Packing is bittersweet. I’m trying to keep it reasonable with a one box a day goal. I’m trying to remember this is an opportunity to declutter. I can use this to bring more tranquility into my home. But right now it doesn’t feel tranquil.
I’m shopping this week with a friend of my parents. I chauffeur her around to run errands. Occasionally I pick something up for myself along the way. Now I have to resist. I can’t be bringing new things in, knowing I’ll just be packing them away. New things are for later. Right now it’s time to pack up the things I’m keeping and to unpack the things it’s time to let go of.
March is a long month, and this week is only half way through. Best wishes for more sunshine and spring awakening!1
Happy birthday to me! I started the week ready to celebrate. There were meetings, cake, cupcakes and not enough protein. I neglected to take photos. I’ve always believed that the older you get the longer you get to celebrate. I do have plans for high tea this week along with a dinner out with the kids.
There seems to be a gap, a gap between expectations and reality, a gap between celebrating and aging. I’m a year past my last brush with cancer. I’m celebrating. I’m grateful. I’m thinner, have more energy, get a lot more accomplished and have better general health. I’m also ordering off the senior’s menu.
I’ve chosen to apply my birthday celebration logic to bridge the gap. Every time this year I order off a senior menu I’m officially celebrating my birthday. WOO HOO! Honestly, the smaller portions make a lot more sense post bariatric surgery than they would have without it. Another thing to be grateful for!
Gap number two is the time vs money gap. There is a saying if you have the time you don’t have the money, if you have the money you don’t have the time. I have found this to be generally true, although lately I’m feeling like I don’t have either. Clearly I need another round of rescheduling and rearranging priorities.
I’ve started seriously working on my next book – about Daily Practice. You would think that if I’m writing about it I ought to be able to put some of those things I’m writing about into play. That helps with the time piece, but doesn’t address the money part. I’m afraid if I go out looking for the part-time job that would bridge the money gap I’ll lose the time I’m spending writing. Such a dilemma!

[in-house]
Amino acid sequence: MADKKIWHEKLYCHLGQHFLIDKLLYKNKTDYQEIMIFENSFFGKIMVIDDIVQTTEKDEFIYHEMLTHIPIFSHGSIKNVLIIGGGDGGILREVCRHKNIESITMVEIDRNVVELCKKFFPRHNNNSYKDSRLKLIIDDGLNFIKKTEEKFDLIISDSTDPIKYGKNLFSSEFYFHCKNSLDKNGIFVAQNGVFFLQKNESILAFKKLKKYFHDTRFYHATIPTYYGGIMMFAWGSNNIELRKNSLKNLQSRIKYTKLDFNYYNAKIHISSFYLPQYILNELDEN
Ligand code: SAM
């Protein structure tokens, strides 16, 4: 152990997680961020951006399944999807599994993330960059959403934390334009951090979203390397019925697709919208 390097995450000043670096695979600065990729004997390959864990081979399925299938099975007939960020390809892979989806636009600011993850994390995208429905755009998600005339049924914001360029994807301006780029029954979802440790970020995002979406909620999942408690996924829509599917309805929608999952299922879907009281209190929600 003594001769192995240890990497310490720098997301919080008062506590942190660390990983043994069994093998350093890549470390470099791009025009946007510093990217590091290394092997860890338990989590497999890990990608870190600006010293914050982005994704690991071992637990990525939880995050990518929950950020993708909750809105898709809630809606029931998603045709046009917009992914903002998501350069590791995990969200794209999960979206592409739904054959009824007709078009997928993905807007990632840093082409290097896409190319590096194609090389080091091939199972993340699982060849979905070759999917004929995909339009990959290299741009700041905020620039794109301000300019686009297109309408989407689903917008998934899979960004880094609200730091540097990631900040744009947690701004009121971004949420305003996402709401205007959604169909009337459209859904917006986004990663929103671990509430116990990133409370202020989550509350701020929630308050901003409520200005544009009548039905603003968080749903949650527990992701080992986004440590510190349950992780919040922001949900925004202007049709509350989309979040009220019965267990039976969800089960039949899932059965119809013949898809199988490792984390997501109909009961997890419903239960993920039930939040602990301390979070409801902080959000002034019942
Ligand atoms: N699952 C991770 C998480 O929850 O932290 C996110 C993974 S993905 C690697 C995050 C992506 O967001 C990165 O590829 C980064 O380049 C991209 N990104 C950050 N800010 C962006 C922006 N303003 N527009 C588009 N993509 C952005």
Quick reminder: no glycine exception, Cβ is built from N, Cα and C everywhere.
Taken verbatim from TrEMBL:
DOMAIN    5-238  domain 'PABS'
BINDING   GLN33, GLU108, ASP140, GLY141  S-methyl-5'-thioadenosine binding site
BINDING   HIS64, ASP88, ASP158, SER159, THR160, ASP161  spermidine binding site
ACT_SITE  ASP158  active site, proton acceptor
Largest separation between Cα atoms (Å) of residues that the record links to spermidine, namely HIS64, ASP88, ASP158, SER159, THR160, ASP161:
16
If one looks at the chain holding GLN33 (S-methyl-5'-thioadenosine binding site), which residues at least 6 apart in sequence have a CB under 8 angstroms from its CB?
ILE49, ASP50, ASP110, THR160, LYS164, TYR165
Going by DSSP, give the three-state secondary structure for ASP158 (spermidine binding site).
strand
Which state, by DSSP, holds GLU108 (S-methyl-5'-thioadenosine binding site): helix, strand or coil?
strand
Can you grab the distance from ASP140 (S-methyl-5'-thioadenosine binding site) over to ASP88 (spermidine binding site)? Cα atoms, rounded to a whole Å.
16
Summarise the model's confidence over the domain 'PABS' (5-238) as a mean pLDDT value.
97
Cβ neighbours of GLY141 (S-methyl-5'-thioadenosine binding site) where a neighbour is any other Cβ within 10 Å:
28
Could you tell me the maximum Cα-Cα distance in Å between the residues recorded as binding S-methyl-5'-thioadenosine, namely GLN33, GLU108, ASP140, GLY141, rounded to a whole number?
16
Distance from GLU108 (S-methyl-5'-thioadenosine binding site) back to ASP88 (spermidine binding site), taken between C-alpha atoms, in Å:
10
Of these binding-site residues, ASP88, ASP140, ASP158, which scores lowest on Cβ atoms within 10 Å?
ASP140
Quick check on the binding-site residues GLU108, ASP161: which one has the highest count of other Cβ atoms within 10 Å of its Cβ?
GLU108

I could also write like a mad fiend and then work like crazy to promote the new book. I could create opportunities to speak on the topic, and get paid for it. I could invest in my new lifestyle vision. It sure sounds good on paper!
The time vs money dilemma runs me headlong into the third gap. Which is an actual gap – as my kitchen cupboards are slowly falling off the wall. I’m looking at a major expense, no two ways about it. My kitchen was “old” when we moved in 23 years ago. It needs a serious remodel. Lot’s of planning (and time) and potentially moving for a bit. Certainly there is deciding what stays out and what gets packed away.
Disruptions happen, it’s part of life. Finding the way to stay on our feet, keep moving forward, continuing our Daily Practice, that’s balance. It’s an active word. It’s about making choices. So I go back to the first gap and decide I’m old enough to have earned a new kitchen for my birthday.
Happy birthday to me!
The holidays are over, at least for most of us, and it’s time to get back to the daily grind. I suppose those New Year’s Resolutions are supposed to help with that. All those good intentions with the opportunity to put them into play. I don’t bother with them anymore. They seem to just lead to great disappointment when, by February, I’ve forgotten them completely.
There are still leftovers in the fridge. The last of the sweets are around the house. The decorations get packed up this coming weekend. It’s cold, and dark, and a little bit sad to see all the sparkle go away. Resolutions don’t do it for me, but this is the time of year when I lean heavily on Daily
Daily Practice can mean a lot of things. A diet requires daily practice, as does an exercise program (or physical therapy). Most spiritual systems encourage some sort of daily practice. Writing, learning a new language, honing a skill all good candidates for daily practice. And I’ve done them all, at least for a while.
When it’s dark, and a little depressing I use daily practice to “prime the pump”. I find some very small thing that’s easy to do, even if I have to quick do it before I go to bed because I’ve forgotten or put it off all day. Then I just commit to doing it.